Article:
How prevalent is road rage in NJ and the rest of the country?

Aggressive driving and road rage are two dangerous forms of driving. Both involve angry, impatient drivers who put others on the road at risk.

New Jersey is known for its congested traffic and complicated road systems. When heavy traffic is combined with stressed out people in a hurry, the result can be deadly. Road rage is a problem that has been increasing in recent years. However, drivers do not need to be engaging in full-blown road rage to present a danger to others. Recent studies have shown that most drivers have driven aggressively at least once in their lives.

According to studies by AAA and others, about 80 percent of drivers said they had driven angrily or aggressively during the past year. Aggressive driving can include actions that people might consider a normal part of traffic, such as speeding, cutting others off, honking the horn or using angry hand gestures. In some cases, aggressive driving turns into road rage. It is estimated that hundreds of people have been killed and thousands have been seriously injured by road rage incidents over the past few years, according to NBC News.

Bus driver stands off against FedEx driver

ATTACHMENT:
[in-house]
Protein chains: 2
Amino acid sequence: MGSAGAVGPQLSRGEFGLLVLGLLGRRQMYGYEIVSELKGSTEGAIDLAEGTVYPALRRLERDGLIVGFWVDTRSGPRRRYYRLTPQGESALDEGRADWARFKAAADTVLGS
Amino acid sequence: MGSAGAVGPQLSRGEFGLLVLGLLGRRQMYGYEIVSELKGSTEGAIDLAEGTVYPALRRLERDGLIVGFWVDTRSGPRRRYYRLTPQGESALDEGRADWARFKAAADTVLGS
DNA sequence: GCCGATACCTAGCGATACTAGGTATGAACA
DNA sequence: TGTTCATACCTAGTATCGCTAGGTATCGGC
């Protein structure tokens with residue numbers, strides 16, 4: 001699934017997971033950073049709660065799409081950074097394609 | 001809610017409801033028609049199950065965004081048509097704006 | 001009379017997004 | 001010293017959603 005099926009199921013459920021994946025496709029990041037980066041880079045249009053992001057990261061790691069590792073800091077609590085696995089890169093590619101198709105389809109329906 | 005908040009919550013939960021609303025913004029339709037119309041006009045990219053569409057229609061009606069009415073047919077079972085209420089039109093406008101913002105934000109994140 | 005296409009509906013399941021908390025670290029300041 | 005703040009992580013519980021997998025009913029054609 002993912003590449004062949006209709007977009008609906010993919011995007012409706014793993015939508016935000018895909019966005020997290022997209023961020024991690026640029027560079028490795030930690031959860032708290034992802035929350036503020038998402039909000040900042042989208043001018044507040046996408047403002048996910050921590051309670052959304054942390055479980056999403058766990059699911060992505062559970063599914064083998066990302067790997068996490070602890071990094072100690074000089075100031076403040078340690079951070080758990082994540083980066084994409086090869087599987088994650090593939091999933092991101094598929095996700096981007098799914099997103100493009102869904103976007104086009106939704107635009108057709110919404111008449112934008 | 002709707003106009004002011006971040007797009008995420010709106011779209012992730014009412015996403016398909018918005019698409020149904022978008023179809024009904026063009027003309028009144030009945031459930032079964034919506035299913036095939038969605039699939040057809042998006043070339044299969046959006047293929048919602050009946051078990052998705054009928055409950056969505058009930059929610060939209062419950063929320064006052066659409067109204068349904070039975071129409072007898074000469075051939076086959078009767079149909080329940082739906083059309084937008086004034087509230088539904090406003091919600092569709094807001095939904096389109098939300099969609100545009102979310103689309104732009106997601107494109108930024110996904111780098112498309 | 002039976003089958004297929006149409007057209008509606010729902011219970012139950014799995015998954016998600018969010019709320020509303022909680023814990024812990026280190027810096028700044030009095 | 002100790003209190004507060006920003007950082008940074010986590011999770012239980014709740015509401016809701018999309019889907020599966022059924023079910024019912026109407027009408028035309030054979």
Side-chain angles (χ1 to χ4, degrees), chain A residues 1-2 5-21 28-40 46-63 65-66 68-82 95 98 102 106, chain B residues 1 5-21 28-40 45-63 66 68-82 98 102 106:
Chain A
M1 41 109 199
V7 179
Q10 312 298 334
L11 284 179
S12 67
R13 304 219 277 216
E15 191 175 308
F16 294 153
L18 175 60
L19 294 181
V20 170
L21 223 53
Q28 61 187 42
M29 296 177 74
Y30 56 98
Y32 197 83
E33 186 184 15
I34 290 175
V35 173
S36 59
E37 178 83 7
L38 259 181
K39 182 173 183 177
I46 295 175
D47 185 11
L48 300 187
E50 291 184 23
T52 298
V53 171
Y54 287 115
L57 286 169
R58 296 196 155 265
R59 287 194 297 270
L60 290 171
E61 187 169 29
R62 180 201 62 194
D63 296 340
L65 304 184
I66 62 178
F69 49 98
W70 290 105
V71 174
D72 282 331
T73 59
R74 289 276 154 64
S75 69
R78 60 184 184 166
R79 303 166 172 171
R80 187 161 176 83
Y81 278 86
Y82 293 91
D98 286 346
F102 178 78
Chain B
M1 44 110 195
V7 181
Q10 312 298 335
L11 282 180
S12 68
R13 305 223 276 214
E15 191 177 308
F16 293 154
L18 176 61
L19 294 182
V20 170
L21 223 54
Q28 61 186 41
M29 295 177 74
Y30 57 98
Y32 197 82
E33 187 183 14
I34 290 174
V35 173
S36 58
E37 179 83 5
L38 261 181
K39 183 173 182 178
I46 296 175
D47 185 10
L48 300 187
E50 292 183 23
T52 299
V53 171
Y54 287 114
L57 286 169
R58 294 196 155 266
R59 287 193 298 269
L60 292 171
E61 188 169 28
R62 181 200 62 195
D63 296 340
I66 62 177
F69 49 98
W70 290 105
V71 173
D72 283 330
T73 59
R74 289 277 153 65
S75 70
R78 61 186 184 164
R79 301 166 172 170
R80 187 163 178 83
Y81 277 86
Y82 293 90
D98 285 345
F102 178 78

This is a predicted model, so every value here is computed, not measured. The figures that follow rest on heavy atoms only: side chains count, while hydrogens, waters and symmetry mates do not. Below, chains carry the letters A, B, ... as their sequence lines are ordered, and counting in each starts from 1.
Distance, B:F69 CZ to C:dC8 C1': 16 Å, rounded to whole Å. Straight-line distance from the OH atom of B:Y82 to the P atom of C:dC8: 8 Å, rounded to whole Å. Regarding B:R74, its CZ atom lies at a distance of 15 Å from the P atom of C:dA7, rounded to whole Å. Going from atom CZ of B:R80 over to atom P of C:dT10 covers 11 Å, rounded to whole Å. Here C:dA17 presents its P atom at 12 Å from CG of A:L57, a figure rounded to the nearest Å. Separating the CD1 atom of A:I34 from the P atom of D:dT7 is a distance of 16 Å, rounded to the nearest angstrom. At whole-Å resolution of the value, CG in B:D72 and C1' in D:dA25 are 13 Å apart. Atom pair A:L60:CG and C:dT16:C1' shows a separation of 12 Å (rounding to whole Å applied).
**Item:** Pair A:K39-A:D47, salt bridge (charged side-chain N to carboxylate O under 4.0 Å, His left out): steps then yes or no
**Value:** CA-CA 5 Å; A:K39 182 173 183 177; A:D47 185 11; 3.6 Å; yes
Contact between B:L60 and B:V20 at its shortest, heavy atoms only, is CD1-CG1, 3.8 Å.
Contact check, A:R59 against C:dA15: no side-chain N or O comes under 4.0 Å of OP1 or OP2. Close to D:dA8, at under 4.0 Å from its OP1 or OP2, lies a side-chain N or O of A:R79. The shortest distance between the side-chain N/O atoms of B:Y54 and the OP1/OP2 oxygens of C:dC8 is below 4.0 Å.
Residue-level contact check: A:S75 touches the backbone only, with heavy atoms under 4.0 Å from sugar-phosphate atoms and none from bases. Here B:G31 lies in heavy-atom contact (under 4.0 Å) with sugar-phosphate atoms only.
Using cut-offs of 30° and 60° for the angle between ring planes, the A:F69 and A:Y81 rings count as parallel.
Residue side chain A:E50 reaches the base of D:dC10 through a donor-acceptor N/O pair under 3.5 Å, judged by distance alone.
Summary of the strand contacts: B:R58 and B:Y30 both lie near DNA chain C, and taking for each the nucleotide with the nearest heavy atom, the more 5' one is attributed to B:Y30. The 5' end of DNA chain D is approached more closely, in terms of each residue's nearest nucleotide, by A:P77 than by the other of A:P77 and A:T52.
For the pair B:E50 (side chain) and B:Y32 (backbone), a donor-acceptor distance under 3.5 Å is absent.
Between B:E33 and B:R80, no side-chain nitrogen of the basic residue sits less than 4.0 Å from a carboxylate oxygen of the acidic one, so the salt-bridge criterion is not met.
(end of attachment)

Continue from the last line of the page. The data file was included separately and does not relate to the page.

One recent incident illustrates how quickly road rage can develop, as well as how it can happen to anyone, including professional drivers. NJ.com reported that last September, a school bus in Lakewood attempted to drive around a FedEx truck that was slowly accelerating at a green light. The bus driver swerved illegally across a double-yellow line into the opposite lane of traffic, and the FedEx driver retaliated by moving the truck closer to the bus and almost running it off the road. Fortunately, there was no oncoming traffic at the time, and authorities said there were no children on the bus. The bus driver, however, later lost his job.

Difference between aggressive driving and road rage

Aggressive driving can cause car crashes, injuries and property damage, but slightly differs from true road rage. During road rage, the driver intentionally attempts to harm someone else. A driver engaging in road rage may use his or her vehicle as a weapon or use something else in the car to harm the other person. In 37 percent of road rage cases, claims the American Safety Council, firearms are involved. Road rage is considered a criminal offense due to the intentional nature of an attack.

Those who are targeted by angry drivers may reduce their chances of being harmed by trying the following:

  • Use a cellphone to call 911 and request help.
  • Drive to a well-lit, safe area, such as a police station, fire station or busy parking lot.
  • Attempt to get out of the other driver's way without endangering others.
  • Do not react to the other driver's actions or engage in retaliatory behavior.
  • Refrain from using angry hand gestures, swearing or aggressive horn honking.
  • Do not drive home while being pursued.

It may not always be possible to avoid an angry or irrational driver. Those who are injured by the actions of others may wish to speak with an experienced personal injury attorney in Eatontown to discuss their options.